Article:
For many women who don’t want to have more children, childbirth offers a safe and convenient time for adopting the permanent form of birth control known formally as tubal ligation, and informally as having your tubes tied. For women whose health care is covered by Medicaid, senseless bureaucracy can make this difficult.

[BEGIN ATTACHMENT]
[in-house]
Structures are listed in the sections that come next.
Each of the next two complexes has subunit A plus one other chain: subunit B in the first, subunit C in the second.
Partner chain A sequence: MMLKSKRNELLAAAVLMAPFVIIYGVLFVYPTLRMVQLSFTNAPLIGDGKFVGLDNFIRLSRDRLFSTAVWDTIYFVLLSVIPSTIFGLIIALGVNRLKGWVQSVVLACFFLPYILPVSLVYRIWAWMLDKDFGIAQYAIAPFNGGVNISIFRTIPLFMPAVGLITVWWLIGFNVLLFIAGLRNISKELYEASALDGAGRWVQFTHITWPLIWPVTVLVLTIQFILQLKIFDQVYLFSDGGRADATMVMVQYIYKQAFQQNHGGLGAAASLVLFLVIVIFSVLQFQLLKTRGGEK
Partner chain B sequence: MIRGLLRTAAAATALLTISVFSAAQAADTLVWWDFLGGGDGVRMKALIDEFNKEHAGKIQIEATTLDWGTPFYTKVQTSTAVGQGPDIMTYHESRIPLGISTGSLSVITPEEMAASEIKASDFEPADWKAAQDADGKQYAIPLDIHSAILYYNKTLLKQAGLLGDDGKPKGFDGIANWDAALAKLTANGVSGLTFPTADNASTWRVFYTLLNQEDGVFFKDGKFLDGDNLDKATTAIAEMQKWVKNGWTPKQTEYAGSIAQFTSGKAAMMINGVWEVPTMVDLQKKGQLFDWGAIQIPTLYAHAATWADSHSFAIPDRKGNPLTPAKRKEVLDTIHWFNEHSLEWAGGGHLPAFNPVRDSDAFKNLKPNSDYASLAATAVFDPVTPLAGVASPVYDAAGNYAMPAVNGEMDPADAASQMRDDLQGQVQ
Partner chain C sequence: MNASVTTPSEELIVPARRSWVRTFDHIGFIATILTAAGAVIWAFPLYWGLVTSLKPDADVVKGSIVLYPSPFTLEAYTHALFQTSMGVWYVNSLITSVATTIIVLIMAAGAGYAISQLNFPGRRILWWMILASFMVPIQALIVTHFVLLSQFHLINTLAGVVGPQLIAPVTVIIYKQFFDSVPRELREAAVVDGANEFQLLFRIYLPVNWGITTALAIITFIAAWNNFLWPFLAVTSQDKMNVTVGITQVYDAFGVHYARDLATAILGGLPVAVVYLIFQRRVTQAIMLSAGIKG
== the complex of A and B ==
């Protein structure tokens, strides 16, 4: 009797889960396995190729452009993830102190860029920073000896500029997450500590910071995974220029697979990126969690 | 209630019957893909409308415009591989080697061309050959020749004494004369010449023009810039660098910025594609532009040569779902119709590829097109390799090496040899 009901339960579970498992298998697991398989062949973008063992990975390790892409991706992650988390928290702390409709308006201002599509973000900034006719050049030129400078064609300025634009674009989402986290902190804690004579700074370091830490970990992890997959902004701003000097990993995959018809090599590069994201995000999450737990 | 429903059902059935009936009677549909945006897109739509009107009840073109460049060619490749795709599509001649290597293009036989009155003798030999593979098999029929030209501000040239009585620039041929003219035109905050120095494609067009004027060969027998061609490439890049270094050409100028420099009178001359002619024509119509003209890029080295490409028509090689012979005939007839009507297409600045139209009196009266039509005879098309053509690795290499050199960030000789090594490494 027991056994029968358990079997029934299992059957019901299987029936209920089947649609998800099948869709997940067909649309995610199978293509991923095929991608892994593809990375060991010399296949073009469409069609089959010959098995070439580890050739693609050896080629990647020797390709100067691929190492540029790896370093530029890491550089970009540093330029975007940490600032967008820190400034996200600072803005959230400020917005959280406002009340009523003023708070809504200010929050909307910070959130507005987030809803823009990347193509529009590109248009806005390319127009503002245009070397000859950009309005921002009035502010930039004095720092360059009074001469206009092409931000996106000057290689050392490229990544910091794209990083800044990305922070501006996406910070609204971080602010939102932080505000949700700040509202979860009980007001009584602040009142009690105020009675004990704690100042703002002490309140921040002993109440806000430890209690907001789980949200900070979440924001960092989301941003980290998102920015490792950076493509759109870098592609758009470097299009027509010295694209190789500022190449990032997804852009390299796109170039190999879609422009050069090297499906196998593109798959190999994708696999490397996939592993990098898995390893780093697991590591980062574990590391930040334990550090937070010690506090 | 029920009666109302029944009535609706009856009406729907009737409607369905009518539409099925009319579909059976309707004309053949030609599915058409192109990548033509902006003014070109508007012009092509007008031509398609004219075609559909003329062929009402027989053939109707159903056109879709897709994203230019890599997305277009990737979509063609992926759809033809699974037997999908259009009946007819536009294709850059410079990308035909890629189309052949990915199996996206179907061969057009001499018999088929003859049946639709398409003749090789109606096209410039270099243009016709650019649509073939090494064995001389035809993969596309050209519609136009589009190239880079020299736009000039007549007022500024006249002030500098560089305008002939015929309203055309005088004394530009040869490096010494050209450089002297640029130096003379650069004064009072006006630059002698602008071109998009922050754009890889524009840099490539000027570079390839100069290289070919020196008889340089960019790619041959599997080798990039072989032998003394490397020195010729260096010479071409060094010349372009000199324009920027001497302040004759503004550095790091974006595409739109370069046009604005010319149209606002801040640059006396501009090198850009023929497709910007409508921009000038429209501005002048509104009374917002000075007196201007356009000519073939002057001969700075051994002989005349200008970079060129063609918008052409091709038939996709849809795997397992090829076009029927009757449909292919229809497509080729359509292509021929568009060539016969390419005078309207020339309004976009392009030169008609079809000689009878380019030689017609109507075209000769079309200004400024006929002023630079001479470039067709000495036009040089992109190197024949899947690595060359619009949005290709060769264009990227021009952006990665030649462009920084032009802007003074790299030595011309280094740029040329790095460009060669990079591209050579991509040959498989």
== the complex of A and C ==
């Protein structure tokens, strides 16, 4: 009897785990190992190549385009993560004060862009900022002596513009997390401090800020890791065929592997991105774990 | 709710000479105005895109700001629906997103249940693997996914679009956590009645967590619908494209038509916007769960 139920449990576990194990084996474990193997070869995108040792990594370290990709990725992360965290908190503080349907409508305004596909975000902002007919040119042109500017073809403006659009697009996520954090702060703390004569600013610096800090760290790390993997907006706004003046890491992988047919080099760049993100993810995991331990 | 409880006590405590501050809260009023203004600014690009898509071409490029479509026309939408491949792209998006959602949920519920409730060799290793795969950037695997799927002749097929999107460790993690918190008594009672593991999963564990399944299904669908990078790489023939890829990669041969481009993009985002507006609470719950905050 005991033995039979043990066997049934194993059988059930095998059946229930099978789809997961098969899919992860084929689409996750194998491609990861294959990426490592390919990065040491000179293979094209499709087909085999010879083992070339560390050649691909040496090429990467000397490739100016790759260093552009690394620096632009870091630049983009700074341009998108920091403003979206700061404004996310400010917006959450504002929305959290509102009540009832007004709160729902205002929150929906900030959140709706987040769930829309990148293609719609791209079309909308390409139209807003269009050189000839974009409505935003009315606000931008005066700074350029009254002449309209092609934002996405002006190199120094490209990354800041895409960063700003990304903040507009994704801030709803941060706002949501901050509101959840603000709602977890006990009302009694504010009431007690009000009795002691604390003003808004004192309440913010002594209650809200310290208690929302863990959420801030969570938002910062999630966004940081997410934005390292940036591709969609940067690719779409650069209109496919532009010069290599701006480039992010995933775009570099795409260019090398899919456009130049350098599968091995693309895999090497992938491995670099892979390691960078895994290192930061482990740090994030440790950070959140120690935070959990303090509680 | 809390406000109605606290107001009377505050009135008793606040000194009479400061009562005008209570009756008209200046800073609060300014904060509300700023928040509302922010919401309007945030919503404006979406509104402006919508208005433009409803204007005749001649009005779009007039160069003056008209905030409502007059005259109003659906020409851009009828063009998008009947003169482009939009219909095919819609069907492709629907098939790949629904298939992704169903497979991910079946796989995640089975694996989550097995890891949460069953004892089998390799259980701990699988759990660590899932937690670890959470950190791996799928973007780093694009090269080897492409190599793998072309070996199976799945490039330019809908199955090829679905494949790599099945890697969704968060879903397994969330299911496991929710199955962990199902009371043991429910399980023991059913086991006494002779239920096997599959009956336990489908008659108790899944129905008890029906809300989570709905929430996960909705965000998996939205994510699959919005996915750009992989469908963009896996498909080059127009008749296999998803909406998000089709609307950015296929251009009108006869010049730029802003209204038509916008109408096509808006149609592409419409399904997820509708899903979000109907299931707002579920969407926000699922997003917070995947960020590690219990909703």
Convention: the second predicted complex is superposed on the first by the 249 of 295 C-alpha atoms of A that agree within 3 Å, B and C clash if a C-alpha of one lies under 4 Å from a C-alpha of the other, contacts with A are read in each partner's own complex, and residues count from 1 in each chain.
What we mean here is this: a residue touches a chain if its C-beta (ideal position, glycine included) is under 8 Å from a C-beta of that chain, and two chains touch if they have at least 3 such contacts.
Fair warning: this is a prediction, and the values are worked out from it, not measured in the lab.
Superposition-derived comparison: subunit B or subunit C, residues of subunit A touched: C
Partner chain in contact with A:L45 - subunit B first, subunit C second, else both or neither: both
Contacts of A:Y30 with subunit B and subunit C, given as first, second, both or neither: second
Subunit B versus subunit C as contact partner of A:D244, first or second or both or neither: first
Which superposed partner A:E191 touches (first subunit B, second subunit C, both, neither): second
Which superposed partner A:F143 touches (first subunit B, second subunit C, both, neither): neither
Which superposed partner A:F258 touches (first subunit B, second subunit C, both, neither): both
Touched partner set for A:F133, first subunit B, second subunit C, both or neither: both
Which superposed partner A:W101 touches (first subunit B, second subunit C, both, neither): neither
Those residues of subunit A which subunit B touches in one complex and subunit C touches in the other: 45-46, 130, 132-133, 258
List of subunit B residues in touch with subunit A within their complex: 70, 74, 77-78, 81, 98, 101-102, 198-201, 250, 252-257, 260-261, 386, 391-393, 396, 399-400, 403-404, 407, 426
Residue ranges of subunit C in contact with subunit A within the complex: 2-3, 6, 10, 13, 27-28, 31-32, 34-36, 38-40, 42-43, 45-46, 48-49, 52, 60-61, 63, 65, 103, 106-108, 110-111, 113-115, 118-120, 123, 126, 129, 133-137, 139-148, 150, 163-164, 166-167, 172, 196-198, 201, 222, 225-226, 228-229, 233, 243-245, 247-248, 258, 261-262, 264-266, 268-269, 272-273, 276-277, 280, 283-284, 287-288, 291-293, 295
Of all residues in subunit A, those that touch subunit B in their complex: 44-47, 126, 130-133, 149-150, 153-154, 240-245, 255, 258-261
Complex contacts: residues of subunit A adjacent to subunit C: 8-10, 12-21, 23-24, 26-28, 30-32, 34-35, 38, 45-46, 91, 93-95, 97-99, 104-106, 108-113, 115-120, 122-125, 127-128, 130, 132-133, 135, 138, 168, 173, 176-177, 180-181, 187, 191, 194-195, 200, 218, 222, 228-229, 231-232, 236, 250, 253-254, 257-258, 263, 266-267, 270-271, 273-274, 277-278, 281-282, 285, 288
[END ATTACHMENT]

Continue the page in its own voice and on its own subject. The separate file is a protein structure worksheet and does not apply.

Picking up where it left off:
A patient we will call Sofia (we aren’t using her real name to protect her privacy) is a perfect example of this issue. She had wanted to have a tubal ligation after she delivered her fourth child in March. The timing was bad: It was the peak of Covid-19 in Massachusetts, where Sofia was having her baby, and staffing and resource limitations meant she was unable to get the procedure as planned. She left the hospital with a plan to reschedule her procedure for later.